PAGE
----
What Is A Disciple?

What is a disciple? How would you answer that question?

At its heart, a disciple is a follower of Jesus. The problem, however, is that the modern world has a very different take on the concept of “following” something or someone. I suspect a lot of people think they can follow Jesus like they follow someone on facebook. We like his page. We read his posts in the Bible. We even put some of them into practice. But we don’t have to do EVERYTHING he commands, do we? Surely we don’t have to agree with EVERYTHING he says?

It is this watered down view of “followership” or discipleship that results in young people seeing no problem with sleeping with their boyfriends or girlfriends, yet still calling themselves Christians. It results in people of all ages “following” Jesus while engaging in all kinds of things that Jesus would not countenance.

Part of our problem centres around our almost complete lack of understanding of how discipleship was practiced in the first century. When we read the word “disciple” in our Bibles, we are reading it from a point of extreme dislocation, in terms of both time and culture. Discipleship is something that has not been practiced for over 2000 years – at least not in the way that it was practised in the first century. When the Bible uses the word “disciple” it is referring to a whole cultural institution that was very familiar to first century Jews, but almost completely unknown to us in the 21st century. Jesus did not invent discipleship. He merely utilised a cultural institution that was already prevalent in the first century.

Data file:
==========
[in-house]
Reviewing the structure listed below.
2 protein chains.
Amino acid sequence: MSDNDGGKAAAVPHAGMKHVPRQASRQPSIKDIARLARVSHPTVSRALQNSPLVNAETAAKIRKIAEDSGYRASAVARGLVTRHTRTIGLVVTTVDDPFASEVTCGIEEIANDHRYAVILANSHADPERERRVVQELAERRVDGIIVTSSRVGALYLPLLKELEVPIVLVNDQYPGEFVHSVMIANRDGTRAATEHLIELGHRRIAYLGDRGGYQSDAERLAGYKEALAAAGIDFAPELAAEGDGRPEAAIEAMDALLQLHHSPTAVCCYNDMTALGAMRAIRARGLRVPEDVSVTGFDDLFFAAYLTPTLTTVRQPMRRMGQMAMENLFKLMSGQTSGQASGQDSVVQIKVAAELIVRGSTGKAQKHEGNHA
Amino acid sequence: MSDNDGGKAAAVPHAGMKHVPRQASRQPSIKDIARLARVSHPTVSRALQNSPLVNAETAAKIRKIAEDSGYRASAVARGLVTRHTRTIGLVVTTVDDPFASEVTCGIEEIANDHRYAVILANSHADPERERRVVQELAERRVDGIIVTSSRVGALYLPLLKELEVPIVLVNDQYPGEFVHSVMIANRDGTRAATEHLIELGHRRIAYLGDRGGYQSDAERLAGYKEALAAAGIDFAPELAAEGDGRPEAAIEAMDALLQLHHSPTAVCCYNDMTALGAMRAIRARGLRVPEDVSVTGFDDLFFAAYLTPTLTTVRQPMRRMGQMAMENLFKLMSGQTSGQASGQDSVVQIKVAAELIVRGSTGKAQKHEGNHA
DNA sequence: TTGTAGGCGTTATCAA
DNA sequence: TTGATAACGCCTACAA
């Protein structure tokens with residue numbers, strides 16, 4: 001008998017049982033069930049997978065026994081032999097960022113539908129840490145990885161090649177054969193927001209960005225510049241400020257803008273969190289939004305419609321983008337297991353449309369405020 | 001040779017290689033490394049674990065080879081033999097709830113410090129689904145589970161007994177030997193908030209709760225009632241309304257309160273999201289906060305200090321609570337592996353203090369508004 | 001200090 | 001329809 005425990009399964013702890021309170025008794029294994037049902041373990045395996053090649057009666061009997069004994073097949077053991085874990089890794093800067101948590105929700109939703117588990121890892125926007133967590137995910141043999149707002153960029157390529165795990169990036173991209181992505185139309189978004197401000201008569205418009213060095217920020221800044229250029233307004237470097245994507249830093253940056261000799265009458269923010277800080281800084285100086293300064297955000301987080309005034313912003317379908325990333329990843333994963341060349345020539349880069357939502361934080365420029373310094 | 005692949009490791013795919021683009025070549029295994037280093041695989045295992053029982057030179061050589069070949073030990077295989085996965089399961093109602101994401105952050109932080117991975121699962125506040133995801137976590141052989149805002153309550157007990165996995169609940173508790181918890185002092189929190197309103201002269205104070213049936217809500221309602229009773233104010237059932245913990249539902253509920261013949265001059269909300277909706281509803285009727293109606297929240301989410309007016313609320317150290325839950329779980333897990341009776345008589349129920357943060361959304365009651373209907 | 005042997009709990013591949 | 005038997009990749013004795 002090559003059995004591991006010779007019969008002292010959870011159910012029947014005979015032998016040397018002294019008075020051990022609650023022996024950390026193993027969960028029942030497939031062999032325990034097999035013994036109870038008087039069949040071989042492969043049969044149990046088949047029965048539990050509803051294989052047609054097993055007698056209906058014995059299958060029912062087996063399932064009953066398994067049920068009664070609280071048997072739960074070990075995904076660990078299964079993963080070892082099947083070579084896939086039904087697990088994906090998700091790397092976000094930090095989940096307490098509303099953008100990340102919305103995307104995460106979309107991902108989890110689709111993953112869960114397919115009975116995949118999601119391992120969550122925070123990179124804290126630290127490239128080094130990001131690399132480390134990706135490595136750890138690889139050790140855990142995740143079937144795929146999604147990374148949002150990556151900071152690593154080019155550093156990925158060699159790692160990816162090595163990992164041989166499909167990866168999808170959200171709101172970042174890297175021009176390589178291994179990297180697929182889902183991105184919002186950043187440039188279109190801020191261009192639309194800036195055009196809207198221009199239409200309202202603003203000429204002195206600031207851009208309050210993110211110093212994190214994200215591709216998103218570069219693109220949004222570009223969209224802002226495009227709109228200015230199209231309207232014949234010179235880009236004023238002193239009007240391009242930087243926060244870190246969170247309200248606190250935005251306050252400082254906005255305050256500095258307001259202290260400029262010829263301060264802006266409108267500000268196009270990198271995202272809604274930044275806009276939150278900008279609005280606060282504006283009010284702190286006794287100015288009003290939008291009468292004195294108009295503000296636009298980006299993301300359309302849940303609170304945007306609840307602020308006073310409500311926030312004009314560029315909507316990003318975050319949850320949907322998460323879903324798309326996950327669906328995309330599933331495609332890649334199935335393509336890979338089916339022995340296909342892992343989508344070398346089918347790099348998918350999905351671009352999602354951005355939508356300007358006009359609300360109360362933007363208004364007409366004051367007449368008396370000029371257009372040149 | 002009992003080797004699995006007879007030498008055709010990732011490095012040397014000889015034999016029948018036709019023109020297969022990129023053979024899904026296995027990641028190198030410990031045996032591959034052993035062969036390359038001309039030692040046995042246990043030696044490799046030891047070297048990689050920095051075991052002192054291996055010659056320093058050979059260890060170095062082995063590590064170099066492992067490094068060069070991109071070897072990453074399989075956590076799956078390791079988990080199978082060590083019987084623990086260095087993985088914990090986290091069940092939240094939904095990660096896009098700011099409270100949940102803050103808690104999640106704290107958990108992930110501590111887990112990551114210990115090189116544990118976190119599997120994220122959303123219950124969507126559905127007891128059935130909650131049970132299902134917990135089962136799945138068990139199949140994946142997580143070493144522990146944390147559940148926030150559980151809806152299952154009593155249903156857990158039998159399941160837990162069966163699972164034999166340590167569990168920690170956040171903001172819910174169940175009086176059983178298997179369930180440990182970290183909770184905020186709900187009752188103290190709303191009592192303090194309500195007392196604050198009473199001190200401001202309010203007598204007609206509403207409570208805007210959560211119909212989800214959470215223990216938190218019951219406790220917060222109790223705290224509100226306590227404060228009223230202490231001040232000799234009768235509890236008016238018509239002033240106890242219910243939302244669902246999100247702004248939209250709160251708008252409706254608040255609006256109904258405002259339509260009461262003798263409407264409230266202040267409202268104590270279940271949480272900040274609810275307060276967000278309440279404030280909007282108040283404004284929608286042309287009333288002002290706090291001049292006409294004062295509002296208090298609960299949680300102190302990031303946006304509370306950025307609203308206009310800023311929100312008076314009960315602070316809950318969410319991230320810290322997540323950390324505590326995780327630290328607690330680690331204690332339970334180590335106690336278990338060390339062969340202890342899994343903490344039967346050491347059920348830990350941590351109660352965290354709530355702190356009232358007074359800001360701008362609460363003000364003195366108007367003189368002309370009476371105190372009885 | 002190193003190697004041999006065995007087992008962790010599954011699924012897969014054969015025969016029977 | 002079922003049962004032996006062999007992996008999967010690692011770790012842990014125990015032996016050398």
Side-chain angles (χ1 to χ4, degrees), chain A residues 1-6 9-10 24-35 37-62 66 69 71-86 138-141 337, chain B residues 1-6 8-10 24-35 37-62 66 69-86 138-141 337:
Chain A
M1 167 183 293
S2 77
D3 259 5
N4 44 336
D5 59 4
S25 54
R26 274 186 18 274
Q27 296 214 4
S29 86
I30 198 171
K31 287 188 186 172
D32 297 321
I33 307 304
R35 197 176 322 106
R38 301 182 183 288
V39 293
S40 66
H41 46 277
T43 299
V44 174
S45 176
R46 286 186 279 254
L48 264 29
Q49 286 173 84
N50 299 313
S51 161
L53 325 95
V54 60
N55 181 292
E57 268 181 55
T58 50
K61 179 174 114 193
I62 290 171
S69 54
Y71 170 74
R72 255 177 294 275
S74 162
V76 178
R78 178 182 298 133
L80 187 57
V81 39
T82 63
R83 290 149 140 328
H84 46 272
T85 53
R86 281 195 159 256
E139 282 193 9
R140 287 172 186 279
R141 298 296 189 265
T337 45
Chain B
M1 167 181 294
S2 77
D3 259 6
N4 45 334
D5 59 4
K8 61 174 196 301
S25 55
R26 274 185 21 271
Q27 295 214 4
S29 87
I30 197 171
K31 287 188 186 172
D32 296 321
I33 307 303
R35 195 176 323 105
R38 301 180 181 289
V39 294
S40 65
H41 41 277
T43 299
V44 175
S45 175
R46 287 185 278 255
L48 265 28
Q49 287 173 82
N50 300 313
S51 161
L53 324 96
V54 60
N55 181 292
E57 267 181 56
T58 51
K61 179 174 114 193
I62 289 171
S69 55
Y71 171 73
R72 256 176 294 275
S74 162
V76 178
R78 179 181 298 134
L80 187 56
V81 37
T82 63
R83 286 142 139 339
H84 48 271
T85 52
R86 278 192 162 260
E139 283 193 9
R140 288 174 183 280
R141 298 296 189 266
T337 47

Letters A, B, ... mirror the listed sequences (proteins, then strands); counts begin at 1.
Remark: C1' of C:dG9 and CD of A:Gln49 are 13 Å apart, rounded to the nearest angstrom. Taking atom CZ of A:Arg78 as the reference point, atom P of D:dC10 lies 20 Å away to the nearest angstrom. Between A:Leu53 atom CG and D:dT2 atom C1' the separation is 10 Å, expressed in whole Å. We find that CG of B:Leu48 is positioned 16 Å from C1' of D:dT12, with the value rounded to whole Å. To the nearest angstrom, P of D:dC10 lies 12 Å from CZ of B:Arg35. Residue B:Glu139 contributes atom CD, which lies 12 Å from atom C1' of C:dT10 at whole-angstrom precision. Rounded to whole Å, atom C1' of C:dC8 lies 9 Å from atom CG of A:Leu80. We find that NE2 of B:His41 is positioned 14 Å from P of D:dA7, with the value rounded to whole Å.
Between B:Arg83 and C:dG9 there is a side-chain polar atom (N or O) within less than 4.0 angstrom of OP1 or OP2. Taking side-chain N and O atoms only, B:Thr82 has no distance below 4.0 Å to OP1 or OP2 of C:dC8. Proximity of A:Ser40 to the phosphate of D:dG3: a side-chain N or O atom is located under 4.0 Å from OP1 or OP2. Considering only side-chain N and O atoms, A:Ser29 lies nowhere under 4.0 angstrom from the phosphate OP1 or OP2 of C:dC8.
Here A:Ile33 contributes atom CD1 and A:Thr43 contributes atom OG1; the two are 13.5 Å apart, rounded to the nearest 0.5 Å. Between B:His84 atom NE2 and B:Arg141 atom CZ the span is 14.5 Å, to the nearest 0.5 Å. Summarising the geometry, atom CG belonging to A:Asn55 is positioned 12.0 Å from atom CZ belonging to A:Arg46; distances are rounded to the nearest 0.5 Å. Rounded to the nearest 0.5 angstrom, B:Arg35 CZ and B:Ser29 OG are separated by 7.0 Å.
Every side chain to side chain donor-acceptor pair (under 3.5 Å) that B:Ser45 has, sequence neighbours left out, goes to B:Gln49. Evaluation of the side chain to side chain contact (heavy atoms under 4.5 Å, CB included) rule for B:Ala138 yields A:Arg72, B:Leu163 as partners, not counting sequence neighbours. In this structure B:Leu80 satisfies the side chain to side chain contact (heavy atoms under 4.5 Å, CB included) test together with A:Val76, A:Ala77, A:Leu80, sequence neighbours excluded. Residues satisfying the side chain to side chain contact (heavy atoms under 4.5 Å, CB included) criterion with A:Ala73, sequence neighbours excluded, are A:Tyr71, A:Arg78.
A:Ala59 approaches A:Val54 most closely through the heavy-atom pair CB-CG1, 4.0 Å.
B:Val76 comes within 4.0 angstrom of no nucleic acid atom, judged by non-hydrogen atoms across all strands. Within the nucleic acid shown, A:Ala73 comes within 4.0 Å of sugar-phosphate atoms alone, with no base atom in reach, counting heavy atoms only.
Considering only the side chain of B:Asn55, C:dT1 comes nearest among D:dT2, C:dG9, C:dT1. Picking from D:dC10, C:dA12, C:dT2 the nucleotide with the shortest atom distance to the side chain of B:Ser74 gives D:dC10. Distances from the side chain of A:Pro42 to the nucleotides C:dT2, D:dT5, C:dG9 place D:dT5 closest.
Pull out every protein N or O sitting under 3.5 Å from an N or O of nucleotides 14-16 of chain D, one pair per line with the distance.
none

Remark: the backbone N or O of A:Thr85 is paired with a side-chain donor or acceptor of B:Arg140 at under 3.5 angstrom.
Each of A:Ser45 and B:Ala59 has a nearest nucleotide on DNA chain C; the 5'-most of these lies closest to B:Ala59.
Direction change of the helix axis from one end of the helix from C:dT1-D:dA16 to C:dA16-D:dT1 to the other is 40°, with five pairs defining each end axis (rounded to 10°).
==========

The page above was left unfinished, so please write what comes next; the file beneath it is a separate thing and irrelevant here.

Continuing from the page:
So, if we are to have any chance of understanding what Christian discipleship means for us today, we have to begin by asking a more fundamental question: What WAS discipleship as it was practised in the first century? What did it look like? What is Jesus referring to when he uses this word?

The link below will take you to a sermon I preached on this topic last weekend at Noosa Anglican Church (with a brief introduction by the minister, Mark Calder, at the beginning). I hope you find it helpful. I can almost guarantee it will be eye-opening for you.


God bless you as you seek to be Christ’s disciples.

Kevin Simington